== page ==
And what an engaging plot it is. For a start, Ezio is a more likeable hero than Altair. He’s more charming, more human, cheekier and even more romantic. He’s the second best dashing rogue we’ve had this year (Nathan Drake retains a fairly comfortable first place).

What’s more, Like the best historical thrillers, Assassin’s Creed II weaves together real people and events – Lorenzo de Medici, the Pazzi conspiracy, papal shenanigans and the Knights Templar – with fiction to create something that, while barely plausible, is consistently entertaining. Even the modern-day stuff, all very Dan Brown-esque, works a lot better this time around.

As the action moves from Florence to the Tuscan countryside to Venice, it’s hard not to get hooked in the conspiracies, counter-conspiracies and sudden, violent twists. True, the game’s depiction of Leonardo da Vinci won’t please most scholars. Sure, playing Assassin’s Creed II won’t make you an expert on Renaissance Italy any more than reading The Three Musketeers will make you an expert on 17th Century Anglo-French politics. All the same, as long as there’s enough blood, thunder, action and romance, a dashing hero, some swaggering villains and a cast of likeable personalities, who cares?

The settings help, too. With Florence and Venice, plus chunks of Tuscany and a taste of Rome, Ubisoft has some of the most attractive locations in the world to work with, and there’s something about scaling the Duomo or infiltrating the Doge’s palace that adds to the whole experience.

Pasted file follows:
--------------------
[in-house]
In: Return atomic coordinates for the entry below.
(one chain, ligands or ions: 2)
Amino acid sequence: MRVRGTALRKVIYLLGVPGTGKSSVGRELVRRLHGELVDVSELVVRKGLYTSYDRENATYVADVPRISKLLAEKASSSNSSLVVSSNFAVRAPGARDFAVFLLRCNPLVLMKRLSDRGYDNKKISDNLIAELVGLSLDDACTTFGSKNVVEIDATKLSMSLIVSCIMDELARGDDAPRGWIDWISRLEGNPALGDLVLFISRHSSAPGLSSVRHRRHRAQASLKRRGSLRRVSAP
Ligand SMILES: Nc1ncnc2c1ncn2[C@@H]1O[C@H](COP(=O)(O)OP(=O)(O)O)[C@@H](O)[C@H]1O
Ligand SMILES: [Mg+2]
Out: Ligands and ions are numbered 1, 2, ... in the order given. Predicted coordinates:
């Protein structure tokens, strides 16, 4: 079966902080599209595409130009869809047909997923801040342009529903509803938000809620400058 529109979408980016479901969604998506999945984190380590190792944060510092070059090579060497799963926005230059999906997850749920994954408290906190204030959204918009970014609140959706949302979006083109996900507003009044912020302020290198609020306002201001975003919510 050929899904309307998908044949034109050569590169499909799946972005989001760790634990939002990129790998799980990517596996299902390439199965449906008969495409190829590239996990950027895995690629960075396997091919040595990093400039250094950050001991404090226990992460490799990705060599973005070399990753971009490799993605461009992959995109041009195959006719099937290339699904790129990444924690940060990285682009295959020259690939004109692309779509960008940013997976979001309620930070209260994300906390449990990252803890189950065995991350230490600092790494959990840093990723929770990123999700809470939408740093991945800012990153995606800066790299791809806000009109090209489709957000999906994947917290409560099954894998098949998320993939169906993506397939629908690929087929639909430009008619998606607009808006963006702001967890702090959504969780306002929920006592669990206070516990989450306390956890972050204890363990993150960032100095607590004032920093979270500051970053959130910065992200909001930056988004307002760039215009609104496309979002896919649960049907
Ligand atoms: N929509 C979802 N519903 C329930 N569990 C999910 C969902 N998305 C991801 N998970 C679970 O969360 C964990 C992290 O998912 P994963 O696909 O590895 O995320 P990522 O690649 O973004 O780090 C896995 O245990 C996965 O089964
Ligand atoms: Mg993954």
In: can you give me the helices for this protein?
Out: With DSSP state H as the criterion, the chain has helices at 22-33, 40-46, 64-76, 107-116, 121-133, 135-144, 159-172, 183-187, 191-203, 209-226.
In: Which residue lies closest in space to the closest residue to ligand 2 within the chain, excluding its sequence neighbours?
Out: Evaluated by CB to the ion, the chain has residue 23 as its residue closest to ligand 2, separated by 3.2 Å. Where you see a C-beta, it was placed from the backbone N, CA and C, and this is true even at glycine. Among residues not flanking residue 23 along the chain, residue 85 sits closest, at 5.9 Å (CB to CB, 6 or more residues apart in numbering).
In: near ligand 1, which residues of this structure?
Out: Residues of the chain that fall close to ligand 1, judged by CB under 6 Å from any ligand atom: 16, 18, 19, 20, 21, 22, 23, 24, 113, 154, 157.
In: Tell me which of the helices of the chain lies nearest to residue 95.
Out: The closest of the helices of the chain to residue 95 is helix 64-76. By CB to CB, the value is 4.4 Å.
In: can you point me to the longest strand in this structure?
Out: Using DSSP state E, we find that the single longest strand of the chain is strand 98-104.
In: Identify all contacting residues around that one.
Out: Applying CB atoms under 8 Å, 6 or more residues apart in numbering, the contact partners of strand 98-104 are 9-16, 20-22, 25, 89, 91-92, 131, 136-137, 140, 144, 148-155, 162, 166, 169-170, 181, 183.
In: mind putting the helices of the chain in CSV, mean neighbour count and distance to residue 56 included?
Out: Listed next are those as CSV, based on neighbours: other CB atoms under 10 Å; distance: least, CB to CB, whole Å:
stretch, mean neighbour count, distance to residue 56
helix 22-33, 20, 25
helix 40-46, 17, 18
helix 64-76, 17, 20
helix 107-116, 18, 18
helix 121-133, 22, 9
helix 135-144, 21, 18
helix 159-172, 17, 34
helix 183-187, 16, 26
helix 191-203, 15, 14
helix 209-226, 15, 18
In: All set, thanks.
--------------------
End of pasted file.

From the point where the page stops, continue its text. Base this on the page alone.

In a way, this is virtual tourism at its best, though a more bloodthirsty Grand Tour than most culture vultures (bar Hannibal Lecter) would have in mind. It’s also great to see missions that make the most of these environments, with one where you eliminate archers on the streets and rooftops as a gondola crawls through the Venetian canals a real stand-out.

Beyond killing and clambering and following the latest twist of the plot, the game has a couple of other hooks to keep you going. Firstly, a previous occupant of the Animus had left his mark on the game world in the form of glyphs; weird diagrams that Ezio can read in the past, and that can then be interpreted by Desmond’s new assassin colleagues in the future. These give you further glimpses into the back-story, complete with a weird video that slowly unfolds the more you collect. If you like your Da Vinci code claptrap, you’ll love this.

Secondly, with the end of the game’s first act Ezio gets his own Tuscan hill-town to govern, and money earned through assassination can be spent on upgrading its facilities and making it a nicer place to live (and a cheaper place to buy arms, armour and supplies). To be honest, the last is a little bit wasted – once you reach Venice there’s not really much compulsion to go back, but it shows how far Ubisoft has gone this time to ensure that AC2 has real depth.